Avian movement projects
Motus Wildlife Tracking System
Coded radiotelemetry within an automated radio telemetry infrastructure facilitates the simultaneous and continuous tracking of animals without many of the organism size and logistical constraints of other technologies. Provided adequate infrastructure, it is well-suited to local scale investigations into the ecology and behavior of migratory individuals (e.g., during resting and refueling stops in between migratory flights) as well as landscape scale questions relative to anthropogenic influences. The rapidly growing Motus Wildlife Tracking System (Motus) provides this coordinated infrastructure. In short, Motus is sufficiently established to answer compelling, multiple scale research questions related to the ecology of migratory animals. I currently maintain 20+ permanent stations on National Wildlife Refuges along the Atlantic and Florida Gulf Coast for the Southeastern Inventory and Monitoring Branch of the U.S. Fish and Wildlife Service as well as collaborate on multiple projects employing the technology (see below).
Migration timing and routes on northbound, southeastern-US wintering Red Knots
Collaborators: Felicia Sanders, South Carolina DNR; Tim Keyes and Fletcher Smith, Georgia DNR; Kevin Kalasz, USFWS; Kara Lefevre, Florida Gulf Coast University
We've deployed over 100 nanotags on threatened rufa Red Knots wintering or stopping over in the southeastern United States during northbound migration to evaluate the use of the southeast as a landscape-scale stopover and the tendency of these knots to depart directly for more northern staging areas (e.g., James Bay) or the Arctic rather than use more expected staging sites in the mid-Atlantic such as Delaware Bay.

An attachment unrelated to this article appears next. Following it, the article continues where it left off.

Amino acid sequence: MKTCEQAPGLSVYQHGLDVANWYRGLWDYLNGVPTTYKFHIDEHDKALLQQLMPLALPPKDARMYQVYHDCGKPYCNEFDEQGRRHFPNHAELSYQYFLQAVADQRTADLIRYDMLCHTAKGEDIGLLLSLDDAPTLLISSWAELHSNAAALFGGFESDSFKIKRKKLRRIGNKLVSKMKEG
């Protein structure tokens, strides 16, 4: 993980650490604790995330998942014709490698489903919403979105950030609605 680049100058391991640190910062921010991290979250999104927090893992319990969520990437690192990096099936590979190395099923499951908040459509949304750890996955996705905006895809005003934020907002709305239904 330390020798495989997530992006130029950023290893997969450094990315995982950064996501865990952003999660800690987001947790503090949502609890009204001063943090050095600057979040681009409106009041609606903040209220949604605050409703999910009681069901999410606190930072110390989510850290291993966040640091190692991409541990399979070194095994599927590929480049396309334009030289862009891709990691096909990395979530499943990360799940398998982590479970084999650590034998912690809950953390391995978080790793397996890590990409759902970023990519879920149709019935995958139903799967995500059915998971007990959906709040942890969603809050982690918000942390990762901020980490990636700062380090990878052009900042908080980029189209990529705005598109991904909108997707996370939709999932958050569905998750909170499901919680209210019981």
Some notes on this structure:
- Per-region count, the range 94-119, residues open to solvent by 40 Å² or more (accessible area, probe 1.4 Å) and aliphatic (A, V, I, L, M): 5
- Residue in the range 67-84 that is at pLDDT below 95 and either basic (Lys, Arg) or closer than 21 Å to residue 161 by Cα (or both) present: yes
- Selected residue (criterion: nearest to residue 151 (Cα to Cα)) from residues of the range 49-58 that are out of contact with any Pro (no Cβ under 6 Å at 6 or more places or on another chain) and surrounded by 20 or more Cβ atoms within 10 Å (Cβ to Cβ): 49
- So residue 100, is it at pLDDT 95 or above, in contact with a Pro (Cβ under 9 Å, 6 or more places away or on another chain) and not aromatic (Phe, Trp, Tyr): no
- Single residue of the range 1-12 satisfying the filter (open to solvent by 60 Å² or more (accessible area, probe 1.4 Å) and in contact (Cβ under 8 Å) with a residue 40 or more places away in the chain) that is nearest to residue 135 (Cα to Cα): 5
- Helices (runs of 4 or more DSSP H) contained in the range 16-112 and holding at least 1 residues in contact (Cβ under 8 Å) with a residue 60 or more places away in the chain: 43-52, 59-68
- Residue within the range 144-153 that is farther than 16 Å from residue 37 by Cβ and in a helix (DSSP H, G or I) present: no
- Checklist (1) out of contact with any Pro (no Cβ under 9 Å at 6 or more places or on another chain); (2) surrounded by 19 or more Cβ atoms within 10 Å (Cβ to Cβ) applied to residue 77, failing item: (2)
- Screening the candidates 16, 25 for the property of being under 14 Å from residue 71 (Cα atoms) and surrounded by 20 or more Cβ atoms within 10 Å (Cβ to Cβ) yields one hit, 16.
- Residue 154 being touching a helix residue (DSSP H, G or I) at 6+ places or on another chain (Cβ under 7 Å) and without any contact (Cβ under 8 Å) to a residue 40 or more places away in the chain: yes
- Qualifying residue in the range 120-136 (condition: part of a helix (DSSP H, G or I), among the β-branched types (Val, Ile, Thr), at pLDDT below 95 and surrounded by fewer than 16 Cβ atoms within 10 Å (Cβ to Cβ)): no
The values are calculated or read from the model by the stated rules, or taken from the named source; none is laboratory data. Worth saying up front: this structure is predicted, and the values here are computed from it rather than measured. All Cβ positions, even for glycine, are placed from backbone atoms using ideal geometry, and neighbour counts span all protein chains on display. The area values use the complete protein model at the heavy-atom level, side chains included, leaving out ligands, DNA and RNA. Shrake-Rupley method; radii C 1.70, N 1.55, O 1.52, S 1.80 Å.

Molt-migration and migration ecology of eastern Painted Buntings
Collaborators: Aaron Given, Town of Kiawah Island, SC
We deployed 30 nanotags in summer 2019 on Painted Buntings breeding on Kiawah Island, SC, as well as 5 Motus stations to monitor their movement around the island. We are evaluating whether eastern Painted Buntings use a molt-migration strategy similar to western Painted Buntings, as well as the migration timing, routes, and winter destinations of this breeding population.
Seasonal connectivity of Saltmarsh Sparrow
Collaborators: Rhode Island, Parker River, and Rachel Carson National Wildlife Refuges; Dr. Chris Elphick, University of Connecticut; Aaron Given, Town of Kiawah Island, SC; Tim Keyes, Georgia DNR
In the falls of 2014-2016, we deployed nanotags on southbound Saltmarsh Sparrows captured at three National Wildlife Refuges in the northeast. Additionally, in the springs of 2016 and 2017, we deployed tags on northbound Saltmarsh Sparrows in South Carolina and Georgia. This work seeks to document the seasonal movements and phenology of a species particularly vulnerable to climate change and human encroachment.
Black Rail breeding ecology and movements
Collaborators: Clint Moore, US Geological Survey; Bob Cooper and David Tilson, University of Georgia
This forthcoming project will use automated telemetry and a grid of wireless nodes to track the local movements of Black Rail during their breeding season and beyond in Florida.